"Nobody gave us a chance after the Democrats brought in every heavy hitter they had like Sen. Kirsten Gillibrand, Sen. Schumer, and President Obama," he said, pumping his fist in the air to a cheering crowd. "I stood up to them on my own two feet, like I'll do in Washington for my constituents."
Tedisco privately said the reason for his eleventh-hour comeback was due to an election-day phoning blitz to get every last supporter out to the polls.
Later, Murphy pressed through the cheering crowd at the Gideon-Putnam, stepping onto the stage with Gillibrand.
Greeting the crowd as if he'd won, Murphy said he'd be working in Congress to accomplish three objectives.
"We can create good jobs in upstate New York, we can turn this economy around, and we can promise a better future for our kids," he said.
The crowd responded with chants of the Obama slogan "Yes, We Can."
The new president and his policies were prominent in Murphy's speech and campaign.
Washington D.C. political observers have said this race would provide the nation with a referendum of sorts on Obama's performance to date.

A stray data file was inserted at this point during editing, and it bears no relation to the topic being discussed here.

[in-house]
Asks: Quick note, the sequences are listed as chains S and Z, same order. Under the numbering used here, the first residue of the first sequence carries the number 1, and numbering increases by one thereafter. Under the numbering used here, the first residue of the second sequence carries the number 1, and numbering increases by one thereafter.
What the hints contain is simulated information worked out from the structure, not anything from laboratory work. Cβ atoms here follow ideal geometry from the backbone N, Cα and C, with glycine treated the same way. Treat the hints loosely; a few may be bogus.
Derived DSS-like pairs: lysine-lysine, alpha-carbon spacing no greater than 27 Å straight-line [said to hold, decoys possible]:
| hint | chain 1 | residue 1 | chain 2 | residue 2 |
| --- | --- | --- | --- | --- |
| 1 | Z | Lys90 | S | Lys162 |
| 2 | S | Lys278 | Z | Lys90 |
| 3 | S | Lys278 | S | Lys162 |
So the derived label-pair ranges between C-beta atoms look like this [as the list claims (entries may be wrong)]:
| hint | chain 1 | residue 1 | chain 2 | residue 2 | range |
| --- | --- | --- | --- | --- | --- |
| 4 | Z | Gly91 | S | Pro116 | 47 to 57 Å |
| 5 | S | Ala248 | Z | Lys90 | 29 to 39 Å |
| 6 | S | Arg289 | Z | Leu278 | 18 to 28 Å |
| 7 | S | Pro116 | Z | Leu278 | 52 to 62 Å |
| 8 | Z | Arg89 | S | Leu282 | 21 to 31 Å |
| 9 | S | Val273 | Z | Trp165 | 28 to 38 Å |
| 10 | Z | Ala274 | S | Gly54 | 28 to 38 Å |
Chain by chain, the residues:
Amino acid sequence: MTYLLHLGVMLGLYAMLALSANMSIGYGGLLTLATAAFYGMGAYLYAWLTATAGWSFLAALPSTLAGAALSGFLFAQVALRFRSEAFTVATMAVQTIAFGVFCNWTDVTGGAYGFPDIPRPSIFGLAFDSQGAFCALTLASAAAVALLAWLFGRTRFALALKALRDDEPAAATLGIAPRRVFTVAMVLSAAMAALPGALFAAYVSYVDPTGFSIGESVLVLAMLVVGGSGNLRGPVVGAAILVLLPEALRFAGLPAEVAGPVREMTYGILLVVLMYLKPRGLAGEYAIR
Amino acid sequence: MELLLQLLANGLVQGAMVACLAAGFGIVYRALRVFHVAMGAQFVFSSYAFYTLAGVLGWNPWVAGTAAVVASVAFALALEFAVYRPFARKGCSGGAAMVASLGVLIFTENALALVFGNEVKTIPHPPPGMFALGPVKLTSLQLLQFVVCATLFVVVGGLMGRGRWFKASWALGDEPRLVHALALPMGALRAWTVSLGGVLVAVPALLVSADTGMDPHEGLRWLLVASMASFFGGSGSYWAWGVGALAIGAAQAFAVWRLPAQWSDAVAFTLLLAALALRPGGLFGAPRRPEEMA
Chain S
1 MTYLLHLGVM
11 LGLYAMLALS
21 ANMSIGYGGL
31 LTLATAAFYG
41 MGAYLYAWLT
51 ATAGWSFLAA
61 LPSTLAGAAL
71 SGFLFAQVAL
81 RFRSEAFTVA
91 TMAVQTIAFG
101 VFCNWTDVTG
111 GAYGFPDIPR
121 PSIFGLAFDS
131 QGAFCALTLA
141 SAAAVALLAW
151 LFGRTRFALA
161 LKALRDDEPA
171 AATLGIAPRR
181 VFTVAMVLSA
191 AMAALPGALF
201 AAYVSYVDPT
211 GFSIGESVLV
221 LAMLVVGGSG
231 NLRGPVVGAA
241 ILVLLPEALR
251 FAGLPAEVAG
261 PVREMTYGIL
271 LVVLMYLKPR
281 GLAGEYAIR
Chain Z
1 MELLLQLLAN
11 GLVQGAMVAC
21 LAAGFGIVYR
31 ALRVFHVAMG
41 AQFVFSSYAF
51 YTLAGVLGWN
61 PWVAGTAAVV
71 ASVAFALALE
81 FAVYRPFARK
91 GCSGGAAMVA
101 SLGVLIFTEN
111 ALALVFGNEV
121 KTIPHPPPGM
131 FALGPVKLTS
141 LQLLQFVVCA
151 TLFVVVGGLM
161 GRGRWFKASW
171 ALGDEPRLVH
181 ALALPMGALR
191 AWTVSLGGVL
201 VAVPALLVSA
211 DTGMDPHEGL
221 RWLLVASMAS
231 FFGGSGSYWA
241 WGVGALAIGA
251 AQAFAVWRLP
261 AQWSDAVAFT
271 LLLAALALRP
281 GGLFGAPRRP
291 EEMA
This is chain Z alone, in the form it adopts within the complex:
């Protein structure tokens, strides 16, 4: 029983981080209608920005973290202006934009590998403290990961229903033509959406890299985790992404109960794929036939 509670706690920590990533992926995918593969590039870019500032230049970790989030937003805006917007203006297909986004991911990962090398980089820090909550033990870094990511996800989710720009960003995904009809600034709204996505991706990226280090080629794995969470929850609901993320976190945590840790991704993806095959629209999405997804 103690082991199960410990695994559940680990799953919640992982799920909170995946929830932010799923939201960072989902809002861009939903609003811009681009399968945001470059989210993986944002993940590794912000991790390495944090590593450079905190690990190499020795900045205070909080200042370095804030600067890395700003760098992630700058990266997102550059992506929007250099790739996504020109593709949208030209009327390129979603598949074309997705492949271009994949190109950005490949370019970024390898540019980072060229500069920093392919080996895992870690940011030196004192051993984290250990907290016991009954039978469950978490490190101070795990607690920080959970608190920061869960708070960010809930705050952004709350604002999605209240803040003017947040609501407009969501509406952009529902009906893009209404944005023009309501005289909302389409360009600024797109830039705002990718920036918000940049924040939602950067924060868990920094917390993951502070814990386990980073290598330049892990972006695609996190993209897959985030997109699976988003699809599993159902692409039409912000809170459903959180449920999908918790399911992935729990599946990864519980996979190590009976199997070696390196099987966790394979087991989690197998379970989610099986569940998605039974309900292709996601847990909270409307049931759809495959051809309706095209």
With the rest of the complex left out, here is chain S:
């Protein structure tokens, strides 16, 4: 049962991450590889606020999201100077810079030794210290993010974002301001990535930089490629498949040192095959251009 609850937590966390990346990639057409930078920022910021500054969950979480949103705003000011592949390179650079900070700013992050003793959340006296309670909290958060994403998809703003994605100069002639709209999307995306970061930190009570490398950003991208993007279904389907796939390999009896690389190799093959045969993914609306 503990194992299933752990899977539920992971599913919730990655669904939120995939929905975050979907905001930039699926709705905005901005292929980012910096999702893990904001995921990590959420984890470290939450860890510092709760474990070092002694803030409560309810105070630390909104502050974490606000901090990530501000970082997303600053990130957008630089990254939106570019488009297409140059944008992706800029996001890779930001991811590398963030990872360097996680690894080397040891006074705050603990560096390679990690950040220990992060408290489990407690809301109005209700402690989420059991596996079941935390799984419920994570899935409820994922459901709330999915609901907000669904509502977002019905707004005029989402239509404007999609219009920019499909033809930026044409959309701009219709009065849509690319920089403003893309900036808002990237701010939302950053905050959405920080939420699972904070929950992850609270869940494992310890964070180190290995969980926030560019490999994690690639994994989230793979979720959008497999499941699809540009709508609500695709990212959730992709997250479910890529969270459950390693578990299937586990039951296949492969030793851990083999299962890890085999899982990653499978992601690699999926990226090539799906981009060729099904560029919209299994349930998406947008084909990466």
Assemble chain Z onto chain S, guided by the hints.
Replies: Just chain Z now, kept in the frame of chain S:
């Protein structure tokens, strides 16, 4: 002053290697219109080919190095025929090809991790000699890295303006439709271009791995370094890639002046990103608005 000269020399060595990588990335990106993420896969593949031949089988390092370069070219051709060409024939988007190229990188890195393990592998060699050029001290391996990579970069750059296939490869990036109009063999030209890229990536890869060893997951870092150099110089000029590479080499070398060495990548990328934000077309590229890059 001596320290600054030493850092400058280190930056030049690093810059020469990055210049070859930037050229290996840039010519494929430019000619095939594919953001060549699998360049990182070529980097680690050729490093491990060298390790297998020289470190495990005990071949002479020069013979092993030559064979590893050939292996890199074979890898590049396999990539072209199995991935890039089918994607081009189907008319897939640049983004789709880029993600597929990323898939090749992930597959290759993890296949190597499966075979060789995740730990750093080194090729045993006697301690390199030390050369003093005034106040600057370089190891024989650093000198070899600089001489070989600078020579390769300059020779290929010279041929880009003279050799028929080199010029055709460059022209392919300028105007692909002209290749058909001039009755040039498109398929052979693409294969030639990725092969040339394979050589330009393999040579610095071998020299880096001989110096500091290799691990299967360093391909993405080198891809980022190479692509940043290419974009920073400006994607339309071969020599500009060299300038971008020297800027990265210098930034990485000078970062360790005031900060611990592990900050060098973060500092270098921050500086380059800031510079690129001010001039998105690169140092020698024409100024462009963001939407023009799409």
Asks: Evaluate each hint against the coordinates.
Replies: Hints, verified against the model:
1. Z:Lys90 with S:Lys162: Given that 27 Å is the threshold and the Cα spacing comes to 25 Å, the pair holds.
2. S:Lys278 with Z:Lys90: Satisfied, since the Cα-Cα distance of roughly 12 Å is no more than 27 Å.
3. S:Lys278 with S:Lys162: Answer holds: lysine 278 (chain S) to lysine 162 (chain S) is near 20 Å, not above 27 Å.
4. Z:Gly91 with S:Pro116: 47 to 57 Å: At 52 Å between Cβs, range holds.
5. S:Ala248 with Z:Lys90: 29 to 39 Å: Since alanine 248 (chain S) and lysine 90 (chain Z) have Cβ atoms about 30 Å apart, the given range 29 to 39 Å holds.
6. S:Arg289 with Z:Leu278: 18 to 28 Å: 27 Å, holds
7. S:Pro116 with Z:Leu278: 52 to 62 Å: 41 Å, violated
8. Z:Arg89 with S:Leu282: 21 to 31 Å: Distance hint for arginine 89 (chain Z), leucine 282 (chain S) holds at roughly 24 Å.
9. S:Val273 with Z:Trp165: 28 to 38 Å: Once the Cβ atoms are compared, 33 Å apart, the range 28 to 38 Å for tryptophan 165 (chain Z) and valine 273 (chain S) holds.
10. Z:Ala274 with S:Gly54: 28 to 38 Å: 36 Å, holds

On election night, Murphy at times sounded like he was stumping for Obama.
"Today, the voters said, 'We do approve of what Barack Obama is doing,' and they said, 'Our kids will be able to stay here and pursue their dreams in this District.'"
Both candidates sounded like they were claiming victory. Murphy said he'd bring common-sense ideas to the Capitol.
"I'm so excited to be in the position to go to Washington and fight on behalf of workers for better wages, better health care and better retirement," Murphy told cheering union members.
He said he'd work jointly with Republicans to restore the economy and decrease taxes.
"We can work together to create jobs for the next generation," he said. "And we need to take bold action like Obama's Economic Recovery Plan."